Welcome to Truth Against The Machine

In October 2015, I was ready to call it quits. On year 10 of dead-end, soul-sucking corporate media jobs, I realized I couldn’t lead a fulfilling life making so little impact and simply serving as part of the problem.

I’d worked inside the belly of the beast, having booked guests and produced segments at RNC television—I mean Fox News (one day I’ll write a book)—followed by a year-long stint at MSNBC. After three-and-a-half years in cable news, I knew I couldn’t spend the next 20-30 years pushing false narratives and substanceless drivel.

After a 2-year-hiatus in the non-profit world (hence my distaste for all things meetings and bureaucracy), I took a major risk at 27, leaving a comfy digital producer position in favor of becoming a full-time writer.

The $25,000 pay cut was a tough pill to swallow, but it was now or never.

Over the next two years, I wrote about media and politics for TVNewser.com and then TheWrap.com, but again, I was trapped in the bullshit-substanceless-clickbait-drivel vortex.

I knew I had a unique voice and determination within—I just couldn’t find the platform to unleash it.

Then one November night in 2015, I pushed through the flu to go watch Cenk Uygur give a talk about his career in New York City.

We spoke after as I groveled at his feet for a janitor job at The Young Turks.

As if the universe was finally ready to stop fucking with me and throw me a bone, Cenk called me a month later to offer me a first for The Young Turks—a reporter job, covering the presidential campaign.

A year and a few months later—and a whirlwind campaign mixed with witnessing corruption and searing injustice nationwide—I can honestly say I’m the luckiest journalist in America.

In a country with very few left.

What drapes TV screens and fills up newspapers and websites on a daily basis isn’t journalism—it’s infotainment (and frankly, not very entertaining).

I remember spending a day in a Portland, Oregon houseless community, covering the growing population of working people who get paid such poverty wages, they can’t even afford to put a roof over their head.

But when I turned on the TV in the hotel, CNN was having a “debate” over the latest series of tweets from then-candidate Donald Trump.

Yup, I know.

This plays out every single day: real issues, real struggle, REAL stories lay silent as overpaid, glorified PR-spinsters put on makeup, hold up a microphone, and claim to be “holding the powerful accountable”.

The only thing they are holding is a fat wallet and a meaningless career.

And when I say real stories, I’m not simply talking about what I personally think is important.

I mean life and death situations that without the proper spotlight, can get people killed: faulty big oil pipelines; communities with toxic water they don’t even know about and the media ignores; banks STILL illegally tossing families on the streets; politicians voting against making life-saving prescription drugs cheaper.

The list goes on (and doesn’t even touch on the military industrial complex and total propaganda “journalism” that launches us and keeps us in perpetual war, crippling our families, economy, and very way of life).

So, if you’ve read this far, you probably agree with me (or at least have an open mind).

Experiencing all this injustice up close and personal has both drained me, at times depressed me, and at times—made me extremely hopeful.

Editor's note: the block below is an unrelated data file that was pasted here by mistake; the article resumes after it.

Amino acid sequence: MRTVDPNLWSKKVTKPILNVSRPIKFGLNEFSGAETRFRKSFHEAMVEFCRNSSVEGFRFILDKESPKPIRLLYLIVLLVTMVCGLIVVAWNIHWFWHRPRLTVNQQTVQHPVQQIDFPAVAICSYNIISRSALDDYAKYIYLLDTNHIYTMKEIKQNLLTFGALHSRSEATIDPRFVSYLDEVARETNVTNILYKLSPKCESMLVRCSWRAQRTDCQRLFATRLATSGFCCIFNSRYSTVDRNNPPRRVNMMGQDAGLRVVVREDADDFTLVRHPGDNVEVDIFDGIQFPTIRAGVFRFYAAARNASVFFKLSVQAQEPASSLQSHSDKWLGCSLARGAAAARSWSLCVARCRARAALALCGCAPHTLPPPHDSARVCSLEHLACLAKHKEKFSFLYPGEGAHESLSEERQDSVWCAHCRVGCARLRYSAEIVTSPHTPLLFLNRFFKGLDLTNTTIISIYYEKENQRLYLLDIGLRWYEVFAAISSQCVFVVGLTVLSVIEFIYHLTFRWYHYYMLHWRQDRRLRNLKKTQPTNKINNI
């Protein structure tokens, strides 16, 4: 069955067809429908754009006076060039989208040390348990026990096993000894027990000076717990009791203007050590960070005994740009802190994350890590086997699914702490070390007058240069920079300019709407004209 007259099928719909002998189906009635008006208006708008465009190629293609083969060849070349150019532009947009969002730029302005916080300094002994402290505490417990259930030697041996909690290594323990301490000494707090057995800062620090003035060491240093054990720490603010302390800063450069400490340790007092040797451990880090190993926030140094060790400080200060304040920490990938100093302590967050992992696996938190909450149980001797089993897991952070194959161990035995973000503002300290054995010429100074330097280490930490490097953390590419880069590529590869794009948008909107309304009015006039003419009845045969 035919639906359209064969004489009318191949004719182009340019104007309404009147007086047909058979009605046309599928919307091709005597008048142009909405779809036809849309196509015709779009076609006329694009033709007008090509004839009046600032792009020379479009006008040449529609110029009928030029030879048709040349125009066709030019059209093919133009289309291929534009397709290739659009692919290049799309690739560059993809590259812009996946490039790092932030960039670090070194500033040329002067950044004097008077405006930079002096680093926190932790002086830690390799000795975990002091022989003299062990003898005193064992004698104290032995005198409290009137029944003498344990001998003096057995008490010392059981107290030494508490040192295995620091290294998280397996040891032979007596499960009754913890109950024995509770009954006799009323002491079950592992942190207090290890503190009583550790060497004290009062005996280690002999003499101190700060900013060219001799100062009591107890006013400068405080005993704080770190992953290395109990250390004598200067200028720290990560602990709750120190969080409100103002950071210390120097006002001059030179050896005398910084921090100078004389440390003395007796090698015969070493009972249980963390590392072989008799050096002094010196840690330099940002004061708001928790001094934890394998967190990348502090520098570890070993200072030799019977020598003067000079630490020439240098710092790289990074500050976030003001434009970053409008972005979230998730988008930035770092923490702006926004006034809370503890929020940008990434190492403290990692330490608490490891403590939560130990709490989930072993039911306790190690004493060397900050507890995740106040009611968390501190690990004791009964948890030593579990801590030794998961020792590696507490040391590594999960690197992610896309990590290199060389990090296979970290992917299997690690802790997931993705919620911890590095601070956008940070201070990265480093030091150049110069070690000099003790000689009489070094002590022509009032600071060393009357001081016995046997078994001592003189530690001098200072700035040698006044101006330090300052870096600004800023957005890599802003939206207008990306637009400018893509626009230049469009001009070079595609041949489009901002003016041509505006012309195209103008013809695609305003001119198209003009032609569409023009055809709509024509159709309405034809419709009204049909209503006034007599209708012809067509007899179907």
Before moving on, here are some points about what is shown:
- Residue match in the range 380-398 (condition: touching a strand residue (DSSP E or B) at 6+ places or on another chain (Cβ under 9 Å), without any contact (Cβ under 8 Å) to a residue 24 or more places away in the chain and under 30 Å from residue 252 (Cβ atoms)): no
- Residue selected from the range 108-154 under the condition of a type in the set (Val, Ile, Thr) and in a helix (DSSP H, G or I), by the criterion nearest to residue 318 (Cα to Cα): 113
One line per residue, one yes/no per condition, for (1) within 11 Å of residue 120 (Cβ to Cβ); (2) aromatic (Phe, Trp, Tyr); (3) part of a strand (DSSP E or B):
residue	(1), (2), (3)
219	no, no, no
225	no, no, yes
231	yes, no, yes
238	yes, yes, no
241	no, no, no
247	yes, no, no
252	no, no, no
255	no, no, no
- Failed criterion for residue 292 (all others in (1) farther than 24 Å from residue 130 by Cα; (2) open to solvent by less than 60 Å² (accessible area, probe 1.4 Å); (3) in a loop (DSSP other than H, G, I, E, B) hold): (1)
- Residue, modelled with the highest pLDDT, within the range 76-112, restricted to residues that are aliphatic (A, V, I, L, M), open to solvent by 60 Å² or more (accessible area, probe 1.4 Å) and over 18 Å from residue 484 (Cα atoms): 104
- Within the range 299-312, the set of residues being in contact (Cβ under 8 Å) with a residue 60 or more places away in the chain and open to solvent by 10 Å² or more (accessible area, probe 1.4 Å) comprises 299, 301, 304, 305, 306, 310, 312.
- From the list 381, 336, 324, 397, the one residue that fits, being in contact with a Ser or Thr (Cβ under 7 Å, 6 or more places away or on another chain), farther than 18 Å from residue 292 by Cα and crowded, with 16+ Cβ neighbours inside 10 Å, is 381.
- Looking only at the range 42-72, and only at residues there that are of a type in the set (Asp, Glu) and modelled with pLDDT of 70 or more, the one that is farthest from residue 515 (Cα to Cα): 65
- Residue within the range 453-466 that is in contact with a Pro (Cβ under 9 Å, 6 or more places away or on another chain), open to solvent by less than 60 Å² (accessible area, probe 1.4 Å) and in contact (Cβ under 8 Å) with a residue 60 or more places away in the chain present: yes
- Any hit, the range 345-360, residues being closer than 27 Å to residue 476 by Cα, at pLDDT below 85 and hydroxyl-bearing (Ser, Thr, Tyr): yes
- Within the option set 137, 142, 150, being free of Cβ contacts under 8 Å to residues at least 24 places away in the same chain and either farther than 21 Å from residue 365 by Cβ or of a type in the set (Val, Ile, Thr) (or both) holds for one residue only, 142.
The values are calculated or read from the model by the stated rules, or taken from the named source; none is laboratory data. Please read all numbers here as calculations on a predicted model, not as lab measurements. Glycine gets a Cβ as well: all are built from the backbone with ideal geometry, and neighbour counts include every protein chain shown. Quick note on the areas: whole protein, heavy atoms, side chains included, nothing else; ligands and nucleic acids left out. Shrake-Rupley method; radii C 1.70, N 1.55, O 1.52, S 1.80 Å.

The hope appeared from the dozens of aspiring, fearless independent journalists I’ve met: in Standing Rock, Flint, East Chicago, and dozens of other cities and communities I’ve covered over the last year or so.

These folks have the potential to do great, impactful things, but due to the digital diarrhea we currently live in, they’re often crowded out or have their work buried underneath all the clutter.

So why not bring everyone together in one place?

That’s my concept for Truth Against The Machine.

The name is simple. Everything in me starts with truth. I’m a no bullshit, keep it real kind of guy. I don’t believe in talking or acting one way when the camera rolls and another when it’s off.

I also believe that if we’re going to be depended on for facts and truth, we have to make sure we have the facts right. Sure, sometimes we’ll mess up. We’re human. When it happens, we will correct it and move on.

Against the Machine represents my healthy dose of anger and determination toward the revolving door that has hijacked our country: the corrupt cabal of banks, big corporations, lobbyists, corporate media, and politicians, all working together in one, big, corrupt circle-jerk.

Together, through a collection of independent journalists telling the stories happening in their communities—ones the local and national media won’t touch with a 10-foot pole because it might make the powerful or moneyed interests look bad—I truly believe we can create a thriving journalistic platform that creates the REAL journalism stars of today and tomorrow.

And if we do it right, maybe even change.

Because make no mistake about it: makeup doesn’t make you a journalist. An iPhone or a microphone doesn’t either. And having a nationally popular media outlet behind you doesn’t mean you are some type of journalistic icon.

To me, a journalist is everything those old, stuffy journalist 101 professors told you NOT TO BE.

I’m NOT neutral. I’m a progressive who believes rich people should not run our country and money should not be hoarded by them. My BIAS is for justice, truth, and equality (economic and social).

I didn’t get into journalism to simply tell you what one side says vs. the other. Find a stenographer for that.

I got into journalism to CREATE CHANGE.